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us title: The Iguana with the Tongue of Fire
italian title: L'iguana dalla lingua di fuoco
year: 1971
director: Riccardo Freda
composer: Stelvio Cipriani
full details: IMDB
overall score: 92

Bottom Line: Entertaining
Nothing ground breaking here, but a fun time nonetheless.


WARNING: Spoilers Below

score analysis

The Iguana with the Tongue of Fire is arguably the undisputed champion of the most outlandish movie title in the genre. The film was released in August of 1971 fresh off the growing trend of Gialli started by Argento's Bird with the Crystal Plumage and blatantly imitates not only the Giallo formula but the use of animals in the films title. The film is directed by Riccardo Freda who lensed the 1969 proto-Giallo Double Face, but later changed his name in the credits of Iguana to Willy Pareto because he was unhappy with the end result and embarrassed to attach his name to it. 



The film is unique in that it takes place in Dublin, Ireland, but despite a location further west than most Gialli are accustomed to, Iguana utilizes much of the urban landscape as a backdrop like so may other Gialli of its day.  The film features the usual suspects within its cast and crew, with Giallo veteran Luigi Pistilli as the lead detective with a on-again-off-again Irish accent and Dagmar Lassander who most notable performance is from Luciano Ercoli's Forbidden Photos of a Lady Above Suspicion. A few other regulars show up in the cast and the music (some of which is borrowed from A Bay of Blood) is composed by Stelvio Cipriani.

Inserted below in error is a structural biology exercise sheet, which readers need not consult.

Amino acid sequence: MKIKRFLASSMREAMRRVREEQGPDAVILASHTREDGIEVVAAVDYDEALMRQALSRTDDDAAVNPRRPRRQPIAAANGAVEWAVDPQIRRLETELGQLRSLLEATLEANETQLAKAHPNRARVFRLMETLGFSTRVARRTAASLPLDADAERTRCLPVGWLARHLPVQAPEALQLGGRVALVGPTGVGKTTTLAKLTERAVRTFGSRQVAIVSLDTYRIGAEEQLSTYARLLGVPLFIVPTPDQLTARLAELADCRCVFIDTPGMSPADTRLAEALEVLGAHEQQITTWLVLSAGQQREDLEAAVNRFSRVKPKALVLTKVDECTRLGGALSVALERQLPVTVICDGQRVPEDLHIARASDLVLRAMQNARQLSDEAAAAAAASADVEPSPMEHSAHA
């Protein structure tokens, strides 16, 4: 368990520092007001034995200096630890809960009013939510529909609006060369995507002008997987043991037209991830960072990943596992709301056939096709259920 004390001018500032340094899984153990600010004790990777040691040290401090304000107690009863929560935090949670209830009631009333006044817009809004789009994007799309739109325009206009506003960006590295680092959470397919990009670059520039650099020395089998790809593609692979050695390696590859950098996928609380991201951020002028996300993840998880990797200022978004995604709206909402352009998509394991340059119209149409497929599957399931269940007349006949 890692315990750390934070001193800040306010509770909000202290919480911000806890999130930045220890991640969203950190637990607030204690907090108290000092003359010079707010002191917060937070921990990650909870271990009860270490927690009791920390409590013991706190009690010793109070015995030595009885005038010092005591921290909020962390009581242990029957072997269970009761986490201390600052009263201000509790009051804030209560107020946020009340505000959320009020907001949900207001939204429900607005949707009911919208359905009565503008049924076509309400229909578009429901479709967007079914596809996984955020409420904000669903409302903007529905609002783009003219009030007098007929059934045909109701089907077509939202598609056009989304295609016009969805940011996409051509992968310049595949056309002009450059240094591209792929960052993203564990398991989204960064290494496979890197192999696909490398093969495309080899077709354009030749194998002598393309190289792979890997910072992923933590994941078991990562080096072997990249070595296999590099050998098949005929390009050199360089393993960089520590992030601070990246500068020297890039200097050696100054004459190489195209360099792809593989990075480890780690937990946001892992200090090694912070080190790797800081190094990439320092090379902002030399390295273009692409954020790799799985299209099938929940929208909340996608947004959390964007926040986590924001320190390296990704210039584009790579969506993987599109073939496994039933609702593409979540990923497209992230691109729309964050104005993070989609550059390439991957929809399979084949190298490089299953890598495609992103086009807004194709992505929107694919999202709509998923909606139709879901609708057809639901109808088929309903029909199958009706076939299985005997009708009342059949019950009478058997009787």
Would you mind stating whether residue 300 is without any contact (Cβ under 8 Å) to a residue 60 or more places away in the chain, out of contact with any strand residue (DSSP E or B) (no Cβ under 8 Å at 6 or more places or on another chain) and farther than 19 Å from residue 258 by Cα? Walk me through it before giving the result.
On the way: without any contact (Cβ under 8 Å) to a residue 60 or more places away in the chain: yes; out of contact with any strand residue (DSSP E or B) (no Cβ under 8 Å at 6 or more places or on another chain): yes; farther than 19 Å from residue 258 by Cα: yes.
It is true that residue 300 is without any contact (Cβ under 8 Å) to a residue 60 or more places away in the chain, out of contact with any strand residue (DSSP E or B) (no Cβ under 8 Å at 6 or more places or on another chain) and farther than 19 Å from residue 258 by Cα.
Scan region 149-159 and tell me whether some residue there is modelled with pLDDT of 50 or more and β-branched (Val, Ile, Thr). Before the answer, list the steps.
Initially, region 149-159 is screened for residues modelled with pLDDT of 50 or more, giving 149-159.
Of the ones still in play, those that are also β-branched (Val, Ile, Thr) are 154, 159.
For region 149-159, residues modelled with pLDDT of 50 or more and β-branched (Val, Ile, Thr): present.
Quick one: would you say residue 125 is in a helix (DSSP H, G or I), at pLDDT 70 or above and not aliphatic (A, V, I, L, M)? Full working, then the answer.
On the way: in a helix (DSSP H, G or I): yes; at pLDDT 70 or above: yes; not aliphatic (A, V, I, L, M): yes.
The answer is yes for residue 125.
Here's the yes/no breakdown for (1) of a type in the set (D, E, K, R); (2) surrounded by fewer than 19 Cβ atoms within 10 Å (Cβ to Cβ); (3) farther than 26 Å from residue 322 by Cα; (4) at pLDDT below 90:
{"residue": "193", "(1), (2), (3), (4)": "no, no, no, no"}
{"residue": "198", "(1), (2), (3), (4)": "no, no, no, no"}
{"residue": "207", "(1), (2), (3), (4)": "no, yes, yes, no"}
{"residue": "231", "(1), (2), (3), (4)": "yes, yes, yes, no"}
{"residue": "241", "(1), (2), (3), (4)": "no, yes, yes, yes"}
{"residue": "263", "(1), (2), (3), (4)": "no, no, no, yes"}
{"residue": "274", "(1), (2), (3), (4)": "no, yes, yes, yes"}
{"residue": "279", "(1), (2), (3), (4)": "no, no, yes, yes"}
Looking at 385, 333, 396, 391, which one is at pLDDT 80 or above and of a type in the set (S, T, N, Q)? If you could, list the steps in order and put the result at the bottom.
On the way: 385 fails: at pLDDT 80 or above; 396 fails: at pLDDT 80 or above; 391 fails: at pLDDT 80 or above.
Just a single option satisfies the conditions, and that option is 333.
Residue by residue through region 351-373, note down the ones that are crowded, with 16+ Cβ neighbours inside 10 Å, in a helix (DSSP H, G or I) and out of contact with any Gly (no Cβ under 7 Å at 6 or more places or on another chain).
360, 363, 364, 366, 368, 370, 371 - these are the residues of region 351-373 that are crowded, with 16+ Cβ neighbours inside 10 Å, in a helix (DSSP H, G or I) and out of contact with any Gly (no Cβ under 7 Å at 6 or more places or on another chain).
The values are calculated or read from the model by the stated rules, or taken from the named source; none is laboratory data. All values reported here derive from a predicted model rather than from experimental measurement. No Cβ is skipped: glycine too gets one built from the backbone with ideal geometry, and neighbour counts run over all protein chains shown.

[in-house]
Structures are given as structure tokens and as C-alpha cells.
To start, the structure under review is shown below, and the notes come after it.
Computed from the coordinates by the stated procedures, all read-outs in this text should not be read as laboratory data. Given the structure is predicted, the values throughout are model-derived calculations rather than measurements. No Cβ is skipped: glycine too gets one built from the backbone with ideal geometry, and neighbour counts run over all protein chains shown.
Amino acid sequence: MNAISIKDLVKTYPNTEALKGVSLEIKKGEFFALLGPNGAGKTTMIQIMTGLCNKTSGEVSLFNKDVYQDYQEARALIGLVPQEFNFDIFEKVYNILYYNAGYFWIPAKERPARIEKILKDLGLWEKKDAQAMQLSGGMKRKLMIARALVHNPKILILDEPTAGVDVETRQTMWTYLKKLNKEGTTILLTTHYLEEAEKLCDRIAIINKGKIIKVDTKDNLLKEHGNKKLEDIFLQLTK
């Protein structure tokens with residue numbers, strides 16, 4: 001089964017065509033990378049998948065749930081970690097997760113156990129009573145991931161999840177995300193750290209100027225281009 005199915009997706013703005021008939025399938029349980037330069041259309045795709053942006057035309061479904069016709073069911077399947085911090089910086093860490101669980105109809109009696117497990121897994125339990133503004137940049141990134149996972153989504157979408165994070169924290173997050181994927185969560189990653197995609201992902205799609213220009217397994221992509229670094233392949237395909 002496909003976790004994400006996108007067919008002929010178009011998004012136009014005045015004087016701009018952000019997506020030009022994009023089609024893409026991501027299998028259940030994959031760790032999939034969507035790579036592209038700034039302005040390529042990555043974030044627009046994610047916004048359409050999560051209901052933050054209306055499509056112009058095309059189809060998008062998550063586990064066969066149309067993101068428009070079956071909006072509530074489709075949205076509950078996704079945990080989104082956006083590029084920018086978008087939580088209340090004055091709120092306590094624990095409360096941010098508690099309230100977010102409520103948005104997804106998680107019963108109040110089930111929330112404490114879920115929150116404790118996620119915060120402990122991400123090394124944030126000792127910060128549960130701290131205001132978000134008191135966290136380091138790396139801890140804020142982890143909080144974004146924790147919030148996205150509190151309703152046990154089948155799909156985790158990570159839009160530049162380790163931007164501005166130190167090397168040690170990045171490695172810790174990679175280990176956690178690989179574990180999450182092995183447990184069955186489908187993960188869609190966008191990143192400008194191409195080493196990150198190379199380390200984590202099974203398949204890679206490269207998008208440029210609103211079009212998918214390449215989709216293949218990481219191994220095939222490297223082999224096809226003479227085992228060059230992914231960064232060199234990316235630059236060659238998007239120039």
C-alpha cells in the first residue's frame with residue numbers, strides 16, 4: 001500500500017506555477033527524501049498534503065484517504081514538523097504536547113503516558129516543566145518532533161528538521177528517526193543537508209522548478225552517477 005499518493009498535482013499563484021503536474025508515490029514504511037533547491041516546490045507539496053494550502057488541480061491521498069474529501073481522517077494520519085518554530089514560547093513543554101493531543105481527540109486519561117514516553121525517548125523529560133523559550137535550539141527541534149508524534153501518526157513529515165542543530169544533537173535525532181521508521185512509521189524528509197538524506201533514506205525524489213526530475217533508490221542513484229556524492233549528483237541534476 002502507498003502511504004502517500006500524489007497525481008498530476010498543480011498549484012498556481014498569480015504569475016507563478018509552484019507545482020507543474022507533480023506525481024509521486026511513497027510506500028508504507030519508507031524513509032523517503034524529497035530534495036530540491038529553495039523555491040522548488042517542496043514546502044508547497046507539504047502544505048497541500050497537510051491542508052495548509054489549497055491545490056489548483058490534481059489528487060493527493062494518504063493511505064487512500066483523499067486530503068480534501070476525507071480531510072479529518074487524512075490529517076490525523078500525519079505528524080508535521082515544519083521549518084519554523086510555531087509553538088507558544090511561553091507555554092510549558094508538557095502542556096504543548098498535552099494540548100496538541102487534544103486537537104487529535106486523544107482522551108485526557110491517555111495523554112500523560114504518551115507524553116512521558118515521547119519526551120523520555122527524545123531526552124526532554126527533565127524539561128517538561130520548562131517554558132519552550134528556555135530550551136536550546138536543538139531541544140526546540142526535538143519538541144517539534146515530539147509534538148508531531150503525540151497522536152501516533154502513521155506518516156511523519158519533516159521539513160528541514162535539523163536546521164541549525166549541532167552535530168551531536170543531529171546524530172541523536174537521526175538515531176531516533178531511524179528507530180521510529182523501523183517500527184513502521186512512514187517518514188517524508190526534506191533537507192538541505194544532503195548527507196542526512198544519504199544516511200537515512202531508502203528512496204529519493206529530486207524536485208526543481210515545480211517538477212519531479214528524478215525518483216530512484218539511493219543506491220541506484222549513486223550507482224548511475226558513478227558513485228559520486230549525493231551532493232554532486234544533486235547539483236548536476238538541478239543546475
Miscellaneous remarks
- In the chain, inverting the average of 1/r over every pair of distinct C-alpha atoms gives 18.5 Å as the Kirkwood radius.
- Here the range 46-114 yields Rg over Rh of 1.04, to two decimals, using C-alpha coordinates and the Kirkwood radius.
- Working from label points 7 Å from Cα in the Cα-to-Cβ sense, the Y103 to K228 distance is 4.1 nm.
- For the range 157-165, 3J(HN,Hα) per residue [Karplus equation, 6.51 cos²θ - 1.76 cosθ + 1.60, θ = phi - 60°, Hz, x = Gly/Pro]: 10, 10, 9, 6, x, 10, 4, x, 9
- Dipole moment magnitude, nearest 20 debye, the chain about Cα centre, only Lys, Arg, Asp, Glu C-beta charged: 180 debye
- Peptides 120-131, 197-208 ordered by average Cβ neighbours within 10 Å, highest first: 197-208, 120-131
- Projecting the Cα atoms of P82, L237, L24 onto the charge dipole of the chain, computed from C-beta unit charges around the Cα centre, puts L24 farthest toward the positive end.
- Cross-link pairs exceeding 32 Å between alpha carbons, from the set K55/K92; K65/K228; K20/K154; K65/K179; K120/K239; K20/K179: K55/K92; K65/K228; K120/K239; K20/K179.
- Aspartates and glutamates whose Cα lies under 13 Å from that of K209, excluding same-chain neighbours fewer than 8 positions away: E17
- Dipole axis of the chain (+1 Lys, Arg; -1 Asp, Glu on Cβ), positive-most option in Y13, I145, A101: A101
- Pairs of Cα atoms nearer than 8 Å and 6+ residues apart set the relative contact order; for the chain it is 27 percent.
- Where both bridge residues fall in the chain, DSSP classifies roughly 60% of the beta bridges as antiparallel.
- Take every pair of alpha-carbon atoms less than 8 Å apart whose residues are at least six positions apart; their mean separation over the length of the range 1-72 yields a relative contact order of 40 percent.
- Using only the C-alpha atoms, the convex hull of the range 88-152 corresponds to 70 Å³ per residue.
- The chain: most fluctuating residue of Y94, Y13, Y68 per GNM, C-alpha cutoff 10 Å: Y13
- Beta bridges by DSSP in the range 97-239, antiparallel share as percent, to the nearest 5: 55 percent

To mention that the plot of a Giallo film is convoluted is like saying the ocean is salty; we expect as much. But Freda, who helped to write the story throws in a few really good head scratchers that leave the viewer asking themselves, "What was THAT?" Characters hang from drawbridges, have bobsled accidents, get their shirts pressed at "Swastika Laundry", fly from Dublin to Switzerland on a whim, and can't hear without wearing their glasses. In the end, our fearless detective is left clueless, and it is only because the killer decides to attack his mother and daughter in his home that the plot resolves and the killer is revealed.


Regardless of the head-scratching plot, Iguana scores very high on the GialloScore. Nine Gialli were released in August of 1971 in Italy with Iguana being at the tail end (no pun intended). So it should come as no surprise that all the common tropes are represented. Note that I took the liberty of classifying the "retired" detective John Norton as an amateur detective.


So I know I sound like a broken record, but if you're able to get past the nonsensical plot and bad dubbing, Iguana has enough entertaining scenes to make the film worth watching. I expect that if/when a more pristine print of the film is transferred to digital the experience will be much more enjoyable as the currently available version is dark, grainy, and low resolution.


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Published: 2017-09-27